These findings are based on the caregivers' responses to questions relating to a febrile illness episode, which is an accepted methodology in economic studies [5, 25, 26]. The measurement of severity of the illness was dependent on the caregiver's assessment, though previous studies have shown that caregivers are able to recognize both mild and severe signs of illness [27]. To reduce reporting error relating to the caregiver's account of the fever episode and the costs involved, the recall period was limited to the previous two weeks. In economic studies, it is advisable to estimate the indirect as well as direct costs [28]. This is not without challenges, particularly in non-wage settings such as this. In the absence of salary data, it is common practice to value caregiver's lost productivity using the minimum wage [26]. The inclusion criteria for this study included year round accessibility of HTR villages to the study team. Less accessible villages might make even less contact with formal health facilities and may experience greater costs, particularly in the form of travel costs and time.

Each of the HTR villages taking part in this study have been allocated a CHW. The CHW health posts are placed within the communities, so direct and indirect costs of attendance are minimal. CHWs working in HTR villages in Malawi treat a range of illnesses, but do not currently treat malaria. Instead all febrile children should be referred to a health facility. This study found attendance to CHWs to have been infrequent, despite their proximity to community members, and the majority of those attending a CHW did not go on to attend a health facility. The current CHW referral programme should be assessed both in terms of establishing reasons for the low uptake of services, and lack of referral visits to health facilities. The inclusion of Artemisinin-based Combination Therapy (ACT) in the services provided by CHWs is being considered by the MoH. The inability of CHWs to prescribe anti-malarials is recognized by communities and is likely to adversely impact attendance at CHWs. Making antimalarials available would increase utilization of CHWs and considerably improve access to prompt appropriate treatment for the poorest and most at risk members of the population, whilst reducing the costs of accessing care.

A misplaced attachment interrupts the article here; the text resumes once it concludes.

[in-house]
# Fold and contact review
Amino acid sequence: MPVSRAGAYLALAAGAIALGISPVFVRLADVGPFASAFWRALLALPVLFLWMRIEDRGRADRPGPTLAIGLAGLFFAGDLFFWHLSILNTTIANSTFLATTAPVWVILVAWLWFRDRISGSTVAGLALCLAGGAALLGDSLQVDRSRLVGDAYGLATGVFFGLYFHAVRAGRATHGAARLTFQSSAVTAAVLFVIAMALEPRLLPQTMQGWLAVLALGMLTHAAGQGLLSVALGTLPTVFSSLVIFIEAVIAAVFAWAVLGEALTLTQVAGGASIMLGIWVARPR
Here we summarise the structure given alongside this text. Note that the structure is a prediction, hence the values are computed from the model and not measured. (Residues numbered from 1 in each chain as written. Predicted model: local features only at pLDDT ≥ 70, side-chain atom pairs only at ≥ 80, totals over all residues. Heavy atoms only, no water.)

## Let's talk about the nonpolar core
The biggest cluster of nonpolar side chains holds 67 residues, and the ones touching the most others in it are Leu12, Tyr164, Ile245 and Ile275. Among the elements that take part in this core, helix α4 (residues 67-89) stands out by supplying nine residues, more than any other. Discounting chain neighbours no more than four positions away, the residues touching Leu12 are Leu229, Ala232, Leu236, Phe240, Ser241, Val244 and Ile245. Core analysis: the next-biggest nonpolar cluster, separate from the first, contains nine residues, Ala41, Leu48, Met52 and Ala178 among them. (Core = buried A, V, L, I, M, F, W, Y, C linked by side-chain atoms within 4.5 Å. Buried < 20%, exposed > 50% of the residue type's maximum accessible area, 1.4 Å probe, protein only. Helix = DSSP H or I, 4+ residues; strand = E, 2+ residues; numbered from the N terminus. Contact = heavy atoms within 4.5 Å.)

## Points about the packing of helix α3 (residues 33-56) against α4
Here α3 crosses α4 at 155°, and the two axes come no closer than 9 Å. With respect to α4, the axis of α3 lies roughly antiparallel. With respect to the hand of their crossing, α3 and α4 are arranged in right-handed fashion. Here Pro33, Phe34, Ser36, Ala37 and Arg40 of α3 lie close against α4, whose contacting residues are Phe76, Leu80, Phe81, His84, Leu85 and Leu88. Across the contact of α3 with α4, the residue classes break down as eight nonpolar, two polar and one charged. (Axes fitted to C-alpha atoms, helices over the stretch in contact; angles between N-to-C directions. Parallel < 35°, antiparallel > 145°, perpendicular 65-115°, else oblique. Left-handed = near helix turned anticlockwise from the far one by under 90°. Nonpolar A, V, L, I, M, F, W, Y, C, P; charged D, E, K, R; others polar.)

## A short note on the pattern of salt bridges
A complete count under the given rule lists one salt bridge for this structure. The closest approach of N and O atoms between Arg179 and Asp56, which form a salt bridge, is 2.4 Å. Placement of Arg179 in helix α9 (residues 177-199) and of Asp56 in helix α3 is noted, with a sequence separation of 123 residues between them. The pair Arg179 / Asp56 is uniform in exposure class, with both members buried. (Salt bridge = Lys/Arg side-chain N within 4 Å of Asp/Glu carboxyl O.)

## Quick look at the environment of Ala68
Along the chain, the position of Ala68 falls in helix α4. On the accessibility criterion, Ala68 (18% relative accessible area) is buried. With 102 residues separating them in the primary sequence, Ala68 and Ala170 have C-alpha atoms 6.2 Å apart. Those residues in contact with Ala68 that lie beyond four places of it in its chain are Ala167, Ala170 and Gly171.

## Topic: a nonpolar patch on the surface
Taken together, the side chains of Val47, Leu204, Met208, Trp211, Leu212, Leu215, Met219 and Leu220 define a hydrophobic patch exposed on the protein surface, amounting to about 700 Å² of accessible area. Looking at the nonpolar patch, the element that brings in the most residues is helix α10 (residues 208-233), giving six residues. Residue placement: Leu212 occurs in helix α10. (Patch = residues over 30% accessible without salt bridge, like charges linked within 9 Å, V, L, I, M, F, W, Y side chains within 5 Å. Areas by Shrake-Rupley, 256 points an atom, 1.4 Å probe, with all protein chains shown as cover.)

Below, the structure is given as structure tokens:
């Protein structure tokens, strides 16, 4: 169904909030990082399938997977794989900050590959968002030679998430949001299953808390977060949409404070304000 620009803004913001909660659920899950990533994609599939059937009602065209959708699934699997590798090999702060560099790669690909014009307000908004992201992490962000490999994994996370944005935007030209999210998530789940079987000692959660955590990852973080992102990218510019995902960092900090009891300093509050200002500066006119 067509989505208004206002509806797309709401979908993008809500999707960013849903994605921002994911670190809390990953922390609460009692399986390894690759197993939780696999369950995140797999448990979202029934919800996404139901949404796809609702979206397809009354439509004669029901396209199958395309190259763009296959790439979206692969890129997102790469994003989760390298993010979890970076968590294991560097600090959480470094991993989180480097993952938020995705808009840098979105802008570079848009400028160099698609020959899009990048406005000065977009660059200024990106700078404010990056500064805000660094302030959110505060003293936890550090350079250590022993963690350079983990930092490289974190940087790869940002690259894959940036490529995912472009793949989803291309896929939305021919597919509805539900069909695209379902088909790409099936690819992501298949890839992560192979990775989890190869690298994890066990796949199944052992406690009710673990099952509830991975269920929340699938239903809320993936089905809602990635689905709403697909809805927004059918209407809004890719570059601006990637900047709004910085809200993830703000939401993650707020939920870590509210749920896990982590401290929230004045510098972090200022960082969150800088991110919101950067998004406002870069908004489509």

As previously found in Malawi, perception of severity of illness was associated with higher health facility attendance [29], and for those living NTH this was more marked in the wet than the dry season. Care-seeking delays were more common among those living in HTR villages during both seasons. However those in HTR villages that sought care, did so sooner during the wet compared to the dry season, despite poor accessibility due to the rains. This may be due to caregivers' knowledge that fevers during the wet season are more likely to be malaria. The balance of risks for those in HTR villages of the severity of the child's illness, the cost of attending for care and the potential costs of not attending is complex and deserves in-depth investigation. The HTR villages taking part in this study were accessible to the study team and this pattern of increased promptness of treatment-seeking during the wet season may not be seen in less accessible villages.

Despite free healthcare provision at public health facilities, residents of the Chikhwawa district still experience considerable costs in accessing these facilities and costs are greater amongst those in HTR areas than villages located around the hospital. This study investigated single febrile episodes occuring in each of the wet and dry seasons. However children in the Chikhwawa district experience repeated febrile episodes and costs may be considerably greater if care is sought for each febrile episode. The definition of HTR is used in health system planning in Malawi, however this is the first study to investigate the impact of living in such areas on the household economic cost of childhood febrile illness. This study shows that even within a poor, rural population there are differences in wealth, access to formal health facilities and prompt treatment of childhood fever according to geographic location.